The Special Rapporteur reiterated his main recommendations for parliamentary reform during his mission in June 2014 and called upon Parliament to henceforth be more transparent and open to consultations as part of its work. Specifically, he called on the parliamentary commissions to assume their roles in reviewing the compliance of domestic laws with international standards and regularly review government regulations and practices against the original laws to which they were intended to give effect.
Several draft laws with potentially profound implications for democratic expression and participation are reportedly in various stages of elaboration, including on associations and non-governmental organizations, on trade unions and on cybercrime, in addition to the much-awaited laws by which electoral and other reforms will eventually be enacted. The Special Rapporteur once again calls on the Government and Parliament to ensure openness and transparency in the legislative process.
The subject of the Special Rapporteur’s report to the twenty-first session of the Human Rights Council (A/HRC/21/63) was on electoral reform. Regrettably, most of the recommendations contained therein were not implemented before July 2013 elections. The National Election Committee announced that 9.67 million Cambodians would be eligible to cast their ballots in 19,009 polling stations to elect the 123-seat parliament by proportional representation. The elections were contested by eight political parties. Only two parties won seats, the ruling Cambodian People’s Party, and the opposition CNRP. They were closely contested elections, with conflicting claims as to which party won the largest share of votes, and thus seats in the National Assembly, giving rise to a dispute concerning alleged irregularities during the elections which lasted for nearly one year.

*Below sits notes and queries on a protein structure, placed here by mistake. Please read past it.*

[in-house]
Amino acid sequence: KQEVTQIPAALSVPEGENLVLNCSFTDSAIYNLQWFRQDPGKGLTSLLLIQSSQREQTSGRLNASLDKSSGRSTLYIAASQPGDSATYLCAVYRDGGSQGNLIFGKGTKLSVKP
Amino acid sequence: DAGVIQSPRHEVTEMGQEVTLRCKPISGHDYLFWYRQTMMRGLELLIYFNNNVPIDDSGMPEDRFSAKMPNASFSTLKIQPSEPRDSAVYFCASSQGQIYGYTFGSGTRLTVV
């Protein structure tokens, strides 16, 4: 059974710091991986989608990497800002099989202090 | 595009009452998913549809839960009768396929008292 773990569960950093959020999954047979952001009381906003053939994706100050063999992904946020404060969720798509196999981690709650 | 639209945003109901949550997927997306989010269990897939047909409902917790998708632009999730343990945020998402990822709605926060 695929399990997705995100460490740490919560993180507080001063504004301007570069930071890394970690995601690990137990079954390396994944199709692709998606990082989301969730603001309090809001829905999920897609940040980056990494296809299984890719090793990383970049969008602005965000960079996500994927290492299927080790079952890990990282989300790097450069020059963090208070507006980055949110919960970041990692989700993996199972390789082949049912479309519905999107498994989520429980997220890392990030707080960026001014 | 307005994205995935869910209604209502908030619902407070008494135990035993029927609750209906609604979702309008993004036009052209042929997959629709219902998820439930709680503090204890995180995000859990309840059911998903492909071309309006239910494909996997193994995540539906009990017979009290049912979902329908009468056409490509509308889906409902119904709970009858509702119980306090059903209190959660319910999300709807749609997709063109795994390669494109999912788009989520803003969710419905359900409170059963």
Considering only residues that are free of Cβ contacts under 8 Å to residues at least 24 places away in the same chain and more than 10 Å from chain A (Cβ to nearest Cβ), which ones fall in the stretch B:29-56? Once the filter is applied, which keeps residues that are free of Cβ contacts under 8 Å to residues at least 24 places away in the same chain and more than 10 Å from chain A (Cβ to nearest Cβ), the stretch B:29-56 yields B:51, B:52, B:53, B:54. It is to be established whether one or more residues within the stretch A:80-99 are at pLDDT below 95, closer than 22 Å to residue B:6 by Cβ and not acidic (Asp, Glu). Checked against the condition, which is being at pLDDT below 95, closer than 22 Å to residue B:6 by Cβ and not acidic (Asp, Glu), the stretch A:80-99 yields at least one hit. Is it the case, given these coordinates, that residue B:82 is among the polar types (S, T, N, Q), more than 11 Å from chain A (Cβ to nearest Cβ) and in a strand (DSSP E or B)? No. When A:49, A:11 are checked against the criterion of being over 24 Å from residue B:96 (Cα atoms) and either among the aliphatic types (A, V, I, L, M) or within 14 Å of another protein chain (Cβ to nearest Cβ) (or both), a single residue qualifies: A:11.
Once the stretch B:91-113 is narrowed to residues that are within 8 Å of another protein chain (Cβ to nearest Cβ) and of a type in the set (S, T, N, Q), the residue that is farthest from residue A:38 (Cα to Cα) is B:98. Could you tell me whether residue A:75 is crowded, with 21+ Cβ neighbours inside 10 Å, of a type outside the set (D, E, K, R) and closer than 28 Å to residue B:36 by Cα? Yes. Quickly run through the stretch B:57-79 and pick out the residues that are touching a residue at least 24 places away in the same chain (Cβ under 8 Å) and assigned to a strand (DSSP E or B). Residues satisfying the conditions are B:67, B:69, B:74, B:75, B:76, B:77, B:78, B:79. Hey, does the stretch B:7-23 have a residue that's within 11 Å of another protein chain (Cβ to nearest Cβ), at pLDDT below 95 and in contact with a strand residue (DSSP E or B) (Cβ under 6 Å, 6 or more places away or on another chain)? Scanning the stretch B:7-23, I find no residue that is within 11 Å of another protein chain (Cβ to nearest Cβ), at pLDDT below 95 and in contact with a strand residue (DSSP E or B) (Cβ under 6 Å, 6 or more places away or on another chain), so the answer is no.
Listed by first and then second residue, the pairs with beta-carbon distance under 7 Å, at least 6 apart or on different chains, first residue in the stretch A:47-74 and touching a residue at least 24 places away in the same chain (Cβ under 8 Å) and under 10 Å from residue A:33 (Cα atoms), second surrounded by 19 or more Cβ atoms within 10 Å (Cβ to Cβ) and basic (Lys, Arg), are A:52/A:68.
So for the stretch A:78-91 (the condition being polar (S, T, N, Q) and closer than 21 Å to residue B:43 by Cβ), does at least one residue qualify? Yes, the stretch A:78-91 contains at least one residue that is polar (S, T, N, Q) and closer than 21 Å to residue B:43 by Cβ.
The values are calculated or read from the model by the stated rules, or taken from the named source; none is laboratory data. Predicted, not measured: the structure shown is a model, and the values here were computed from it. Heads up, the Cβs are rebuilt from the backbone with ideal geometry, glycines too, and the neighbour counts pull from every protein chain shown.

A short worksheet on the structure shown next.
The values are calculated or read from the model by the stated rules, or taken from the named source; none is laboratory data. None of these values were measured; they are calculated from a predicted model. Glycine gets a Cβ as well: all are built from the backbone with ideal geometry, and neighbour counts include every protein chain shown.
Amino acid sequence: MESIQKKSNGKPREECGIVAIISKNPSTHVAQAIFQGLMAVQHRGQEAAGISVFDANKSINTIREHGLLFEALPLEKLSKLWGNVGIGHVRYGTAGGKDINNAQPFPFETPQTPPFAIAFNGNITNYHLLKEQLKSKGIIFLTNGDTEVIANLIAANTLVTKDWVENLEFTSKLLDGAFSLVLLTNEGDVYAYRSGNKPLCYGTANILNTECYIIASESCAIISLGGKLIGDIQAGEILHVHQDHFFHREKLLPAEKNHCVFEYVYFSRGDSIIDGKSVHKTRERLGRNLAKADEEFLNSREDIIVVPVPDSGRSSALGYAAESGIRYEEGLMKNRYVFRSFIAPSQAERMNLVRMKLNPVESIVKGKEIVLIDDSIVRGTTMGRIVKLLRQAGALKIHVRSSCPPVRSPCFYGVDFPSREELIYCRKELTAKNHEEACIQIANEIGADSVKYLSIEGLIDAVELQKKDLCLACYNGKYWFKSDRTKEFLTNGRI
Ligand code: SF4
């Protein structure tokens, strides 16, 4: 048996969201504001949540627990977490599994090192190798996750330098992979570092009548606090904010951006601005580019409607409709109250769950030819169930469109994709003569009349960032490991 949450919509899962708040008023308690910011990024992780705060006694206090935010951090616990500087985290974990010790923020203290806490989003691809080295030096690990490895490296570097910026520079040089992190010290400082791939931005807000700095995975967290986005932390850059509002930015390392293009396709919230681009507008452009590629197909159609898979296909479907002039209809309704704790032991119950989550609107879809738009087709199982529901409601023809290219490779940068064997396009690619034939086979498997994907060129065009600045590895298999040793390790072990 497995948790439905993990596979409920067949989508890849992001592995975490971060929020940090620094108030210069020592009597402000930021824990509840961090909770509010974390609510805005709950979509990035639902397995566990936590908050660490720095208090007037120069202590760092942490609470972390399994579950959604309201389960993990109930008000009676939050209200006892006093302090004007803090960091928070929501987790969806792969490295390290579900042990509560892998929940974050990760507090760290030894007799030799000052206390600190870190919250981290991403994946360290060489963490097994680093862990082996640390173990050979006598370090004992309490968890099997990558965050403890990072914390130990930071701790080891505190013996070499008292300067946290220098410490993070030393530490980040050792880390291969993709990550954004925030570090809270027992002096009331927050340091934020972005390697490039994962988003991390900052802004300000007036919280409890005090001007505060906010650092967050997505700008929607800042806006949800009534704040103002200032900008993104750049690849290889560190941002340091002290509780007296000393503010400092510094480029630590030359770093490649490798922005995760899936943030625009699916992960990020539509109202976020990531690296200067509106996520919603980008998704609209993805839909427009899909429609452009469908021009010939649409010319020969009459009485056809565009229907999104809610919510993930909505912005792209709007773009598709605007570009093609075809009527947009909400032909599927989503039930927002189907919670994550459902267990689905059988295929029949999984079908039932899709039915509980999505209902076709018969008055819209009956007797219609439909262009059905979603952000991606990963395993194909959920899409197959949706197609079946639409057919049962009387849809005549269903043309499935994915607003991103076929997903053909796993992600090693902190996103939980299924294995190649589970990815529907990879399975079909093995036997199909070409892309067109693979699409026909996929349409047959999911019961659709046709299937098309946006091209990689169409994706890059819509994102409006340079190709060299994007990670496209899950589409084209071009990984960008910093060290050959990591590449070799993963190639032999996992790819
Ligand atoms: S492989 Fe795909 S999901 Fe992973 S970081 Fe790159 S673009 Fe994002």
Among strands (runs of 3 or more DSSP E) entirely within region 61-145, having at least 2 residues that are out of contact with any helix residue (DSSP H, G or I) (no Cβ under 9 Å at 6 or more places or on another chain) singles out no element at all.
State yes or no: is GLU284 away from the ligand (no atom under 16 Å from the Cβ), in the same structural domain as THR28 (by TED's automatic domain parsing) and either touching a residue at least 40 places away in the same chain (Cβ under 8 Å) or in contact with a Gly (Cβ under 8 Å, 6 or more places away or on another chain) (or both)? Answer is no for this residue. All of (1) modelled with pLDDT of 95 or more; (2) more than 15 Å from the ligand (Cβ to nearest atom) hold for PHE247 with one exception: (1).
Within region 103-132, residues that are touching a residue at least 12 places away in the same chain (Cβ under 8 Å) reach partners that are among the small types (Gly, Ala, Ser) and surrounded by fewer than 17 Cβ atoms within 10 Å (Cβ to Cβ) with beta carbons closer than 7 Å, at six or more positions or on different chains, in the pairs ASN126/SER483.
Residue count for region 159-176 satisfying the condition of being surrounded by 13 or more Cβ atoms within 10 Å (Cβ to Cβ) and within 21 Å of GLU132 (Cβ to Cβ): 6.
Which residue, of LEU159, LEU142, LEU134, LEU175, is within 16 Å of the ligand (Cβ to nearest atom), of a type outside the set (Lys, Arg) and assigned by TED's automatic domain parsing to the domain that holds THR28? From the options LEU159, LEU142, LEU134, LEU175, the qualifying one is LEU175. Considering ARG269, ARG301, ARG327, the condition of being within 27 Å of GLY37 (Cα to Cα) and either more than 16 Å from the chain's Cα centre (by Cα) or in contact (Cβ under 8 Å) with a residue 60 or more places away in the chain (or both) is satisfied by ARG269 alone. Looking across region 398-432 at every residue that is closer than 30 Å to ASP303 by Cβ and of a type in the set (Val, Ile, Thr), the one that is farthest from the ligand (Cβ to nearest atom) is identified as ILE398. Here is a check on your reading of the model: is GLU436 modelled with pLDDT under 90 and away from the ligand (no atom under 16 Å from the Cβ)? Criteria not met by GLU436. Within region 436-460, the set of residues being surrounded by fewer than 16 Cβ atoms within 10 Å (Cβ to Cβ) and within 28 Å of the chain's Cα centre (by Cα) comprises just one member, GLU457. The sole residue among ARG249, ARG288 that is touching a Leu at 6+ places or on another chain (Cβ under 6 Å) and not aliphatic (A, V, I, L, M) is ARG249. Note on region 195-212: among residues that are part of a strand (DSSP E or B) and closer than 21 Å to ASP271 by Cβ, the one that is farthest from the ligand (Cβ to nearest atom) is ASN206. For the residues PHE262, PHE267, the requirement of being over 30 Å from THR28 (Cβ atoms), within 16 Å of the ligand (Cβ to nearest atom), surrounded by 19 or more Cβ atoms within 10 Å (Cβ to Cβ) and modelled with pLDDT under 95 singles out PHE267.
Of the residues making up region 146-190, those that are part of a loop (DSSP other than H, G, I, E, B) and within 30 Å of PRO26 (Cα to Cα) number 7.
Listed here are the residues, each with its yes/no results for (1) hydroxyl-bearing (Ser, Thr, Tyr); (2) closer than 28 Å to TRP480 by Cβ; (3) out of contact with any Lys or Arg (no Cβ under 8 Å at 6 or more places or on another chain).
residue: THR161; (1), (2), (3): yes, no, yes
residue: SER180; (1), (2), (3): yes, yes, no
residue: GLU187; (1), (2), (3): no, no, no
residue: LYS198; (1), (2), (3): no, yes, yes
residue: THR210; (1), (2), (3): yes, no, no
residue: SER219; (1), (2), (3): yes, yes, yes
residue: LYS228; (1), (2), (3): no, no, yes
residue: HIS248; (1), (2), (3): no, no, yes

With the two winning parties having found a way to assume their seats in the National Assembly and discuss their differences there, the Special Rapporteur notes that priority will be placed on thoroughly reforming the electoral system to ensure that the next elections will not be marred by similar disputes. He is pleased that his recommendations on electoral reform have now become part of the national agenda, including that of according an independent institutional status to the National Election Committee. However, the Special Rapporteur stresses that there remains a great deal to be achieved before the public can regain confidence in the electoral system.
F. Land rights
Regarding the recommendations in the report on economic and other land concessions submitted to the twenty-first session of the Human Rights Council in 2012 (A/HRC/21/63/Add.1), the Special Rapporteur notes the positive developments resulting from the private land-titling programme of the Government led by the Prime Minister himself. In particular, he welcomes the land-titling programme undertaken under directive No. 001, which was designed to provide tenure security for marginalized and vulnerable communities, as well as the halt in granting new economic land concessions and the review of existing economic land concessions provided for under the Government’s order No. 01 of the Government. He further welcomed the progress made by the Government in developing policy relating to land and housing rights, including drafting the National Housing Policy, a white paper on land policy and a draft environmental impact assessment law.